Born circa 1672, Massachusetts; died 1718, South Carolina Daughter of Benanuel and Elizabeth Dunster Bowers
Noted for its eccentricity, Bathsheba Bowers's life has attracted more attention than her writing. She was born to English Quakers who settled in Charlestown. Though they endured the Puritan persecution of Quakers themselves, the Bowers sent their daughters to Philadelphia to escape it.
Bowers remained single all her life, building a small house, which became known as "Bathsheba's Bower," at the corner of Little Dock and Second Streets. Furnishing her home with books, a table, and little else, she became a gardener, a vegetarian, and, according to her niece Ann Bolton, as much of a recluse "as if she had lived in a Cave under Ground or on the top of a high mountain." Although Bowers was a Quaker by profession, Bolton's diary reports that she was "so Wild in her Notions it was hard to find out of what religion she really was of. She read her Bible much but I think sometimes to no better purpose than to afford matter for dispute in w[hich] she was always positive." Bowers eventually became a Quaker preacher, taking her ministry to South Carolina.
Though records exist today for only a single volume, Bowers is said to have written a number of books: Bowers, in fact, spoke of her "Works" in the plural. Bowers' extant volume, An Alarm Sounded to Prepare the Inhabitants of the World to Meet the Lord in the Way of His Judgments (1709), used the conventions of spiritual autobiography to trace her life as a seemingly endless series of fears to be overcome. Making an analogy between herself and Job, Bowers outlined a progression of divinely ordained tests which served to place her in a special relationship with God. One by one, Bowers conquered her terrors of death, of hell, of her own strong pride, of writing and publishing, of preaching, even of nudity. Her spiritual progress toward a kind of self-control dictated by God is presented in An Alarm as an example others may follow.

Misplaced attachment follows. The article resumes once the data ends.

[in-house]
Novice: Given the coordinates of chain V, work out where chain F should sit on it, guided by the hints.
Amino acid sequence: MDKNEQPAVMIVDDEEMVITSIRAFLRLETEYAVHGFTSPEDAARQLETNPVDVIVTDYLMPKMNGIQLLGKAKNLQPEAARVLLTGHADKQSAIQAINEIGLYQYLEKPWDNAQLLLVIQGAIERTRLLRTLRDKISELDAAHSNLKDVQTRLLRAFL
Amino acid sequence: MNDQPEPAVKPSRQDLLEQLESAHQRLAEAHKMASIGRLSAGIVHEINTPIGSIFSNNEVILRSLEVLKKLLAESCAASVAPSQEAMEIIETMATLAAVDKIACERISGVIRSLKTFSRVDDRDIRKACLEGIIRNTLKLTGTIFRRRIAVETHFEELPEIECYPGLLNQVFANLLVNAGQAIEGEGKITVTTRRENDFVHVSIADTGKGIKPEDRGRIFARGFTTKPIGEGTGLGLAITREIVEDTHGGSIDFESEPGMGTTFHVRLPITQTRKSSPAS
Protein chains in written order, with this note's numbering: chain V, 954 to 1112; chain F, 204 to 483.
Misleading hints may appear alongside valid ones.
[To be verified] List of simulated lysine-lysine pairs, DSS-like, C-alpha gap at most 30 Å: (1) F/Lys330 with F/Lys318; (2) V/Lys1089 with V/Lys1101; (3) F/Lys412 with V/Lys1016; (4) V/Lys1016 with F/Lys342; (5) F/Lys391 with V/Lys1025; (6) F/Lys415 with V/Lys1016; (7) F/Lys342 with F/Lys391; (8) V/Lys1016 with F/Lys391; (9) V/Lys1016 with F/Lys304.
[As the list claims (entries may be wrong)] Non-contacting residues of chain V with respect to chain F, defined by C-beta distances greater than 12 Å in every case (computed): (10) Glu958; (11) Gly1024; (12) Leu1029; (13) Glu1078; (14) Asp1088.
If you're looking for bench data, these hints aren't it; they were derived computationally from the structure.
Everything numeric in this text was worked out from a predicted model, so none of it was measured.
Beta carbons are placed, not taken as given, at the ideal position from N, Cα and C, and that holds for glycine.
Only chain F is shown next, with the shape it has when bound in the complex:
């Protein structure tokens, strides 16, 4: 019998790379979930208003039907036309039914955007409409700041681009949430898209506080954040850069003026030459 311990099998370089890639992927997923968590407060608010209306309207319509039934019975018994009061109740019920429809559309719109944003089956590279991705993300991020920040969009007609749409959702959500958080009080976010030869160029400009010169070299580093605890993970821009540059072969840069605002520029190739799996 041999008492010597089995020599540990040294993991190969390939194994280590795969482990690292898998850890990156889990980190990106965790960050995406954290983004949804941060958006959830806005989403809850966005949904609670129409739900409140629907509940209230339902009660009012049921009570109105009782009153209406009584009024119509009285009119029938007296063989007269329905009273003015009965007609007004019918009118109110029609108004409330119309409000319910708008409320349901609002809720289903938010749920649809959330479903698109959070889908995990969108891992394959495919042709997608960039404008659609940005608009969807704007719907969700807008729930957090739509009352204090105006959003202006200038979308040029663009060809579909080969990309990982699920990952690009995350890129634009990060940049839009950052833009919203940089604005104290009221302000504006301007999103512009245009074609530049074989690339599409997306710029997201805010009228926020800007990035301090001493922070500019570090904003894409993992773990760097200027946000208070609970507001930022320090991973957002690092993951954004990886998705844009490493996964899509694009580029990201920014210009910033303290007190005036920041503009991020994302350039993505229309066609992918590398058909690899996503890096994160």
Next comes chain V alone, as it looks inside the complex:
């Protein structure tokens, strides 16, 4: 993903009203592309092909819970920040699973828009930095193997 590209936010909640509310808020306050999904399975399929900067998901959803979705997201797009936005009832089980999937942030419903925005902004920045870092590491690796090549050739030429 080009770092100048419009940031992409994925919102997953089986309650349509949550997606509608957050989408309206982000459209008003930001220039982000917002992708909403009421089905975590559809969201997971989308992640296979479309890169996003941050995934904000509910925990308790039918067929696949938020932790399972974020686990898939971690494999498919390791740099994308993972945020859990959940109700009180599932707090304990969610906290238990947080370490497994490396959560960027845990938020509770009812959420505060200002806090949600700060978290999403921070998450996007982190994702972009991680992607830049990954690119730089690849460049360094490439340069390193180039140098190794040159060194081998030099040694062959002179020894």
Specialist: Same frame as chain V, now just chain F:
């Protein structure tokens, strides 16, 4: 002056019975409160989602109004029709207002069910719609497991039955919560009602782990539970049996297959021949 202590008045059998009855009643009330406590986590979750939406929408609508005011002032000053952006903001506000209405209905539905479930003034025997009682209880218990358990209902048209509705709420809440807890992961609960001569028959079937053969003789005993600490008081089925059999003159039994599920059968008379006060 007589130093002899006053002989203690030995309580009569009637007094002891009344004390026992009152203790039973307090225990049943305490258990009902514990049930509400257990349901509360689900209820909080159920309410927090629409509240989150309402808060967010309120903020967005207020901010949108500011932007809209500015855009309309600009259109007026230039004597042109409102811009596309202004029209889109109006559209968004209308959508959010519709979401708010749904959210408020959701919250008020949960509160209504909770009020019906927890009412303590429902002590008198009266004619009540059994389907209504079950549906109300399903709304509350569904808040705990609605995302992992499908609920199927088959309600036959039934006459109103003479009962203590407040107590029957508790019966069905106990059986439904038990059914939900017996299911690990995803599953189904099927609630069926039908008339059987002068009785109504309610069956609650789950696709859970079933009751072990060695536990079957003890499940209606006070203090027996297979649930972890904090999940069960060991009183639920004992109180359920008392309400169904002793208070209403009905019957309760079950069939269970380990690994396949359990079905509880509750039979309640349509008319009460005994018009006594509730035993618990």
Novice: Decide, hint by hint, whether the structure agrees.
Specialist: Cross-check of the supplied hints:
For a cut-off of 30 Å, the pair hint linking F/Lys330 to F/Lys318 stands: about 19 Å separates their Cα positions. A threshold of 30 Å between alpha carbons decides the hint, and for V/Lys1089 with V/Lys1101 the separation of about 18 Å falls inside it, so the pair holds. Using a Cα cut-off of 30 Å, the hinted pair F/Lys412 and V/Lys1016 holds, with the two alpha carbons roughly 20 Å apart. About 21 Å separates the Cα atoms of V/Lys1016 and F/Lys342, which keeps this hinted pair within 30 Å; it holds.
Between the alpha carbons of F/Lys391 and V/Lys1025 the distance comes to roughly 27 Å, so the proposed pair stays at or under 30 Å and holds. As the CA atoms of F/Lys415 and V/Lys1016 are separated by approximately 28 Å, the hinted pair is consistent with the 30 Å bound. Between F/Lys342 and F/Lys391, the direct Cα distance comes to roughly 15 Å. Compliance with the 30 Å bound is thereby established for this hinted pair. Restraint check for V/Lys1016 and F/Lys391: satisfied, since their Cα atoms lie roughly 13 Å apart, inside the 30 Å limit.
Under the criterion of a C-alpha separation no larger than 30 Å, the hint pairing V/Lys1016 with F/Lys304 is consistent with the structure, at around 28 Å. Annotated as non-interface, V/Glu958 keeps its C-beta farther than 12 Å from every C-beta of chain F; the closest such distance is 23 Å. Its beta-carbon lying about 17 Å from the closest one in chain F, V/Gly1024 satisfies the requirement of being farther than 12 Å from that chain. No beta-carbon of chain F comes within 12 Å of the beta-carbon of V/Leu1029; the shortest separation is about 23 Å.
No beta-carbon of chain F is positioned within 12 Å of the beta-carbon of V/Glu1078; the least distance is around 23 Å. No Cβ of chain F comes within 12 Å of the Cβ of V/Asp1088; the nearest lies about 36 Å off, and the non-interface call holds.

Interestingly, Bowers perceived her most difficult task to be the struggle against her own ambition, her "chief evil" and "very potent Enemy." Paradoxically, she viewed the publication of An Alarm as a triumph over this personal ambition. Though presenting her life to the public as an example for emulation may seem an act of pride, Bowers emphasized the "Scorn and Ridicule" her audacity would bring: "'tis best known to my self how long I labored under a reluctancy, and how very unwilling I was to appear in print at all; for it was, indeed, a secret terror to me to think of making a contemptible appearance in the world…. [But] now I can hear my Reputation called in question, without being stung to the heart." Public response to An Alarm went unrecorded, but perhaps Bowers's fears were close to the mark. She mentioned in her preface that she had met with "Repulses in [her] proceeding to Print," which "made a very profound and ungrateful Impression upon [her]… ." Such "Repulses" may explain why An Alarm was finally printed in New York rather than in Bowers's hometown, Philadelphia. Whatever the reaction of her contemporaries, readers today may be interested in Bowers's use of a conventional spiritual autobiography for her own unconventional activities in writing, publishing, and preaching.
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